> which was pitched as climate change research, but was actually total
> nonsense which could not possibly conclude anything meaningful, but which
> was heavily loaded with expenses (travel, accommodation, etc.) No "watchdog
> agency" gave a damn about it, arguably because they are all part of a
> system set up to look after its own financial interests! I'm not suggesting
> any particular corrupt system, just that "the system" (worldwide) is set up
> by the wealthy to look after its own interests first and foremost. I'm
> seeing OA (and OS) as potentially fitting the same pattern.Cheers,Stephen
>     On Sunday, 1 March 2020, 09:39:11 am UTC, Carlos Alberto Martínez
> Muñoz <biotemail at gmail.com> wrote:
>
>  Hi Stephen,Thank you for this question. First some context."As for the
> most likely outcome from USA, I would point out that it already has a
> well-entrenched history of most of the wealth being in the hands of the
> few, and taxpayer funded OA fees for every single item of low interest
> scientific research output would fit the established pattern!"I do agree in
> that USA "has a well-entrenched history of most of the wealth being in the
> hands of the few". And I also agree in that "taxpayer funded OA fees for
> (...) scientific research output would fit the established pattern". What
> we need to clarify here is the pattern you are talking about. In USA,
> concentration of wealth and tax burden are better synchronized than in
> Europe. Europe has a more generous safety net than USA and, in order to
> fund it, high taxes. In order to raise enough revenue, these taxes fall
> disproportionately on the poor, middle and upper middle class. Denmark has
> one of the highest top income tax rates in the Organization for Economic
> Cooperation and Development, 55.9 percent, but that rate is applied to
> anyone making 1.3 times the average national income. In the United States,
> this would mean that any income above $65,000 would be taxed at the rate of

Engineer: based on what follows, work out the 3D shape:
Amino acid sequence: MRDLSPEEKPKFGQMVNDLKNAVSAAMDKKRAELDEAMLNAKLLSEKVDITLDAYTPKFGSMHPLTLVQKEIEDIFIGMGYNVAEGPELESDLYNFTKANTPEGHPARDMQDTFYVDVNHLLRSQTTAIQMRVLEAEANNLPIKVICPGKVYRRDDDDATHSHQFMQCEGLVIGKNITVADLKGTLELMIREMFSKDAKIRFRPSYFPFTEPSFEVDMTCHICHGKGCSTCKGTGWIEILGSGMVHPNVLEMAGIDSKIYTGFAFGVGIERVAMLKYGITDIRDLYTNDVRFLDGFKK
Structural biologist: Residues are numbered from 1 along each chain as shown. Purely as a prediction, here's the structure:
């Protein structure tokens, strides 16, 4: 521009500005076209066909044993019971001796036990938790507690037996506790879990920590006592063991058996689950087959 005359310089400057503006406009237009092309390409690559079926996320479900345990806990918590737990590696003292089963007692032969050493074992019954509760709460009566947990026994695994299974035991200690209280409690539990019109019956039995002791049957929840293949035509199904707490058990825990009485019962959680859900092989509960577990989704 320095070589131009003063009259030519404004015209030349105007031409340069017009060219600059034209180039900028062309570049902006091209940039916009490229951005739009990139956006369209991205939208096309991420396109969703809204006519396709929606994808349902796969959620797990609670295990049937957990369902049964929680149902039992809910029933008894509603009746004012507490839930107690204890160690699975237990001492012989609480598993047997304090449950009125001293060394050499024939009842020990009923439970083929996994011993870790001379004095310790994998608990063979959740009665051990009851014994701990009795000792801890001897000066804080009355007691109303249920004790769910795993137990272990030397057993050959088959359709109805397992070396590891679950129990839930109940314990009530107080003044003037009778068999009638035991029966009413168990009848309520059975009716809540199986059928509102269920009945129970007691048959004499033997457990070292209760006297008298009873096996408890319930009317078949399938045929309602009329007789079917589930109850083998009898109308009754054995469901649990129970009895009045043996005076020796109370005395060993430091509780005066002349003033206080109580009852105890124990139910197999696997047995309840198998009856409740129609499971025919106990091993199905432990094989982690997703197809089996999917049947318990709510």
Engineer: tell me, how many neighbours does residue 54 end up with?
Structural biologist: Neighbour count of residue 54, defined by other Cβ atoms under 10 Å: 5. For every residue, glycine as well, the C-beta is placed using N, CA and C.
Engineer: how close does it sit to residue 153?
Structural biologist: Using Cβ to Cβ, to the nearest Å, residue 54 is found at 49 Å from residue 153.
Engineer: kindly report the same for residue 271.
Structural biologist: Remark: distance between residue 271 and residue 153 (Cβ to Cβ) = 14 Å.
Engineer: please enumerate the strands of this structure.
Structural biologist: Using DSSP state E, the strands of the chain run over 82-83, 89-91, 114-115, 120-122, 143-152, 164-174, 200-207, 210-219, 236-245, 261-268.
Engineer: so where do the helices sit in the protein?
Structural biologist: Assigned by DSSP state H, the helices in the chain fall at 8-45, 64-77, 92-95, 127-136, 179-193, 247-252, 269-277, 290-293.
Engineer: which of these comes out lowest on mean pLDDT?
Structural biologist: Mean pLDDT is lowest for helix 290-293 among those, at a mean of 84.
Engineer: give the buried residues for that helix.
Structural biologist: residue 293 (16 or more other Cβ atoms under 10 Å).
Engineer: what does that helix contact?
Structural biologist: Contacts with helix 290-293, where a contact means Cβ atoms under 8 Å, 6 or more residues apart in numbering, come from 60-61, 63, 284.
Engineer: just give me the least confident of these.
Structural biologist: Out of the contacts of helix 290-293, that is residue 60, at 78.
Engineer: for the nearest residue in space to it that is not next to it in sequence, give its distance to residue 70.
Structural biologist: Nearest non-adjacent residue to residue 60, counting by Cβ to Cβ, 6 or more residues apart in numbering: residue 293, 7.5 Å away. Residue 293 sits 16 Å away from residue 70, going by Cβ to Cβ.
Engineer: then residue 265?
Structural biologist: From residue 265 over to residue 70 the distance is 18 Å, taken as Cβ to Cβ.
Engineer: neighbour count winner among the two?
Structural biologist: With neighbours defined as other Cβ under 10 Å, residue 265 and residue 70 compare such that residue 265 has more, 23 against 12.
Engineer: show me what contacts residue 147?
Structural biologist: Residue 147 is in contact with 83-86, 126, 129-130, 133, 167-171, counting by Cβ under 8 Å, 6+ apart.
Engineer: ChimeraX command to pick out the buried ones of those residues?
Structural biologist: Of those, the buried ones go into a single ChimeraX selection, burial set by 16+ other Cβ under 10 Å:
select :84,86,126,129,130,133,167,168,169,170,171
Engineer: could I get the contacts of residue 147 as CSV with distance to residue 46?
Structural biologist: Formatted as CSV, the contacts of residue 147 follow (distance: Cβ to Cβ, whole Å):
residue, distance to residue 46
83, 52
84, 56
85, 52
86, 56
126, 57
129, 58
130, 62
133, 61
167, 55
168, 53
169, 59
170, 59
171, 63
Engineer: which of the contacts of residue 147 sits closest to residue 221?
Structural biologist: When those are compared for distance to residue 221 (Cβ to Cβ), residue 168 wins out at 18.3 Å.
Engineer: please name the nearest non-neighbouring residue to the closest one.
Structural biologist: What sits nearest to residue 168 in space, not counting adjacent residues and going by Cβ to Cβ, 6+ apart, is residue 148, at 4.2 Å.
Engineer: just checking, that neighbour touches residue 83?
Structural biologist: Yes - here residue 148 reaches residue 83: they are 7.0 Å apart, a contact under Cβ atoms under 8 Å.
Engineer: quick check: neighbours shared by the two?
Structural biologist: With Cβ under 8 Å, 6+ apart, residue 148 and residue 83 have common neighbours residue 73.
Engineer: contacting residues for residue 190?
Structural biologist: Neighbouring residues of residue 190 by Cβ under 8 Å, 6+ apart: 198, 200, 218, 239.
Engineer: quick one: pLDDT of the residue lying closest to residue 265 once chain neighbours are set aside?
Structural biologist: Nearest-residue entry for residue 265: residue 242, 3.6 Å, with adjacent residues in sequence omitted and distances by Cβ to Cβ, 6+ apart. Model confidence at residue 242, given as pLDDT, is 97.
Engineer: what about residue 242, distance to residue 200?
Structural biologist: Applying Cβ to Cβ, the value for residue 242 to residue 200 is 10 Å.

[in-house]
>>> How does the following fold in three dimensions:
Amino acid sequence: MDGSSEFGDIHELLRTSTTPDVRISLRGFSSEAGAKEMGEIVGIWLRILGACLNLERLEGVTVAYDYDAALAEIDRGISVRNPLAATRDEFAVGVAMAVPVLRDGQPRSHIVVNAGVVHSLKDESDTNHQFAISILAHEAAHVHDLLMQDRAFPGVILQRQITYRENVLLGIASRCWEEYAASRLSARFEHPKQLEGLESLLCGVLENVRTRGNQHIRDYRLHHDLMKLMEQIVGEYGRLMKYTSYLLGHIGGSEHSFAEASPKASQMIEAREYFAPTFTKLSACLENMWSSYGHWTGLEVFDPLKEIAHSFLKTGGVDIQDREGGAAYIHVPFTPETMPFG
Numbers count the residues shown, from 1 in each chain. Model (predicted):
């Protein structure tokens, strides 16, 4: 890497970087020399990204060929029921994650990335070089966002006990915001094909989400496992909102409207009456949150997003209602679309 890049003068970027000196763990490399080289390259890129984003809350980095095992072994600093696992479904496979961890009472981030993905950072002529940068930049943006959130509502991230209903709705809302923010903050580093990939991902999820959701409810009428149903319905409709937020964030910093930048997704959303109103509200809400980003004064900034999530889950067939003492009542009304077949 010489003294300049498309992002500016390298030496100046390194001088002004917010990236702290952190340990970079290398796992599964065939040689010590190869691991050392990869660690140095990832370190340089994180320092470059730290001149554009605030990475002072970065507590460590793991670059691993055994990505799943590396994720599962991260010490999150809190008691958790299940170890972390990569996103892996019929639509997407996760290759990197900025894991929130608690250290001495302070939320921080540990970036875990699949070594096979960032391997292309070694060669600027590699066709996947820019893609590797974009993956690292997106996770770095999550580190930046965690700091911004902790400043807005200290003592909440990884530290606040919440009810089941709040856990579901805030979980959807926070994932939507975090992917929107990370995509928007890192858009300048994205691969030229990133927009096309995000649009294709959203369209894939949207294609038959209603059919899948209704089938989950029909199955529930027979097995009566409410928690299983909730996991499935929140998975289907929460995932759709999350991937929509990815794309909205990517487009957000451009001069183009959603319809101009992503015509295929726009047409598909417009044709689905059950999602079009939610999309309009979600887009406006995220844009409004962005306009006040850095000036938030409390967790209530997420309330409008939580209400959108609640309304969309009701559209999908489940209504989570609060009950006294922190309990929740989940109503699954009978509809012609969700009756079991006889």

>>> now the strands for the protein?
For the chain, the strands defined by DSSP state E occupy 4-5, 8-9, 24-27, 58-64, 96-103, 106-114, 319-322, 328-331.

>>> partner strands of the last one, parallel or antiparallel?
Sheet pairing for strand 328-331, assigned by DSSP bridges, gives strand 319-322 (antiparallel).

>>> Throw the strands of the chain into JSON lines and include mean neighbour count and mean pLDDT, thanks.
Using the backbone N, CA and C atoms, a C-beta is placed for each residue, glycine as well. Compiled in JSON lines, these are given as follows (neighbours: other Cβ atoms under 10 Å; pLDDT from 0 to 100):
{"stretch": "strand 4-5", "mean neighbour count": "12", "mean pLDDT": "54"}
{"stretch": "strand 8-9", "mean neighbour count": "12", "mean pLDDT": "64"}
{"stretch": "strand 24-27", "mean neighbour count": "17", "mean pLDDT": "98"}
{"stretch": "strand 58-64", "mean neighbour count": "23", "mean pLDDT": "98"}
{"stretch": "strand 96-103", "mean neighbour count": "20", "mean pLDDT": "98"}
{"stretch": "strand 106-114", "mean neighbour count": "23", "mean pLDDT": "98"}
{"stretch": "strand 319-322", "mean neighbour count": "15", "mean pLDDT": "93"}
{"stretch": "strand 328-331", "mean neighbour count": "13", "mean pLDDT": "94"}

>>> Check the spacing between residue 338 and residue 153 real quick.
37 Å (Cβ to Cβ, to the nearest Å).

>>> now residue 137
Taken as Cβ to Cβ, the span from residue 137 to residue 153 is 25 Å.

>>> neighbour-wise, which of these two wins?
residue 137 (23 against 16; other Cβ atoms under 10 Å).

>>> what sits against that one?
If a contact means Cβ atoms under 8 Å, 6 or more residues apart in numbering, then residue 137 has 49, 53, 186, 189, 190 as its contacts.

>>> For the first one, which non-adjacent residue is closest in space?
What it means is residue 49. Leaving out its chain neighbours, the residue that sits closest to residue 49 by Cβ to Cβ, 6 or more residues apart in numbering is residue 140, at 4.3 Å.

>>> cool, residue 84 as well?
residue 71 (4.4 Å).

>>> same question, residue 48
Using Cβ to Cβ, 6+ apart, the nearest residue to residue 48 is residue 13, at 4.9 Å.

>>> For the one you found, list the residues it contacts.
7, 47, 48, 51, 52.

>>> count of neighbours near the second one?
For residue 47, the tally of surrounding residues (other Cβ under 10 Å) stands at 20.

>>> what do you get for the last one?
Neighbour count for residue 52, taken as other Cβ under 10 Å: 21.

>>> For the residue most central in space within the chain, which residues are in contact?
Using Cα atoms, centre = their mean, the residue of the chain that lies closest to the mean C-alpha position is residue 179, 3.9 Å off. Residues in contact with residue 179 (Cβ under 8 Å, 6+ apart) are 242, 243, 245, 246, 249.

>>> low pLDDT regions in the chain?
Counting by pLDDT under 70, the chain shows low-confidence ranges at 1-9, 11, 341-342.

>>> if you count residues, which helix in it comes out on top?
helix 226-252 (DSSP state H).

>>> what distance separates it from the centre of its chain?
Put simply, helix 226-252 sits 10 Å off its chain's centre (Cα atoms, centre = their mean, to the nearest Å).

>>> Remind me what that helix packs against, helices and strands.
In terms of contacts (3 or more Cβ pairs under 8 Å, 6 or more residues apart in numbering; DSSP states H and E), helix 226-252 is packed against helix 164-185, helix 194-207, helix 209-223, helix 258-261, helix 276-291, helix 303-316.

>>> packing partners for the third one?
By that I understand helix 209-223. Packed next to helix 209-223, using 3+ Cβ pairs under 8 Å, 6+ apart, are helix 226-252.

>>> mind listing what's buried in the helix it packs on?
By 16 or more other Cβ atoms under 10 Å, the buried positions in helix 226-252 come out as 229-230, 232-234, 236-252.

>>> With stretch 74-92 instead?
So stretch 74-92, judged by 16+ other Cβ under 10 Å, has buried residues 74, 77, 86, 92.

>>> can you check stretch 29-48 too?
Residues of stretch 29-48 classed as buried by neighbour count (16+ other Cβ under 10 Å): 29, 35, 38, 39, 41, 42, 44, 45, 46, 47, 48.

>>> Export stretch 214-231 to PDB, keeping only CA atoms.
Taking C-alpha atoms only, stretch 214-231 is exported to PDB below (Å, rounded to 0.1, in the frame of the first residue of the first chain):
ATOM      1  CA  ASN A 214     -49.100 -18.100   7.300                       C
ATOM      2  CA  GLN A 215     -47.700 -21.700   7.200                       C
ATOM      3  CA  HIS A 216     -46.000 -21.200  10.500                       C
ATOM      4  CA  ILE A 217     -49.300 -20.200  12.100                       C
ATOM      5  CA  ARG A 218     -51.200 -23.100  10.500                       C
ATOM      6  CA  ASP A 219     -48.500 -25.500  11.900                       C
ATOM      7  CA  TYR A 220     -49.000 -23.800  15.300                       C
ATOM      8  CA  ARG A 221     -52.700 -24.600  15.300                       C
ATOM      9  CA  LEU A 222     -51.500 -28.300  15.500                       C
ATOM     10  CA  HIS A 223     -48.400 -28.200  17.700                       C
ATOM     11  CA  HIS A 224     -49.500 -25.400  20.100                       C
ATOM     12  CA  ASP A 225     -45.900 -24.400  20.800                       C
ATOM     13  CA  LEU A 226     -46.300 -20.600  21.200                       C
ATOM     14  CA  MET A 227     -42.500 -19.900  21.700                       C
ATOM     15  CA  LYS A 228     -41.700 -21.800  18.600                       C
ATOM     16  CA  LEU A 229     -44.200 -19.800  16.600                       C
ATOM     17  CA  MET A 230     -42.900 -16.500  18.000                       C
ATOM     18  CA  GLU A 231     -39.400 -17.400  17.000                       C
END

> 55.9 percent. In fact, the highest tax rate in the United States, 43.7
> percent, applies to income that is 9.3 times the national average, which
> means that only those with incomes over approximately $500,000 pay this
> rate. Yes, I occasionally read the Washington Post.
> Why am I pointing this out? Because I want to illustrate the fact that
> while in Europe we may all be carrying the cost of open access in a
> disproportionate way across economic classes, in USA that cost is not
> likely to aggravate the tax burden of the poor, middle and upper middle
> class. In USA it is the top notch of the wealthy few who will carry the tax
> burden of funds destined to open access. However, this would be a
> solidarian tax, in the sense that the wealthy top notch will benefit from
> open access too. So, Stephen, it is unlikely that in a mandated
> publicly-funded OA publishing model most scientists will be paying for open
> access from their pockets, at least in USA. Instead, they will stop paying
> for it, unless that some of them have a hidden fortune that we don't know
> about. And if those wealthy few get a reason to worry about how much money
> they have to contribute to rip-off private publishing, then they will
> quickly become supporters of a non-profit academic press.
>
> "...Pensoft seemingly doing very well indeed by charging fairly
> substantial fees and not having to worry if anyone actually ever reads
> anything! I don't know the financial details, of course, but does Pensoft
> in its present form fit your vision for an OA future, and, if not, is it
> likely to change, do you think?"Part 1.  "...not having to worry if anyone
> actually ever reads anything!". It is not the main interest of a private
> publisher in the current OA model to worry about anyone reading anything.
> Research institutions are mandated to publish and the private publishers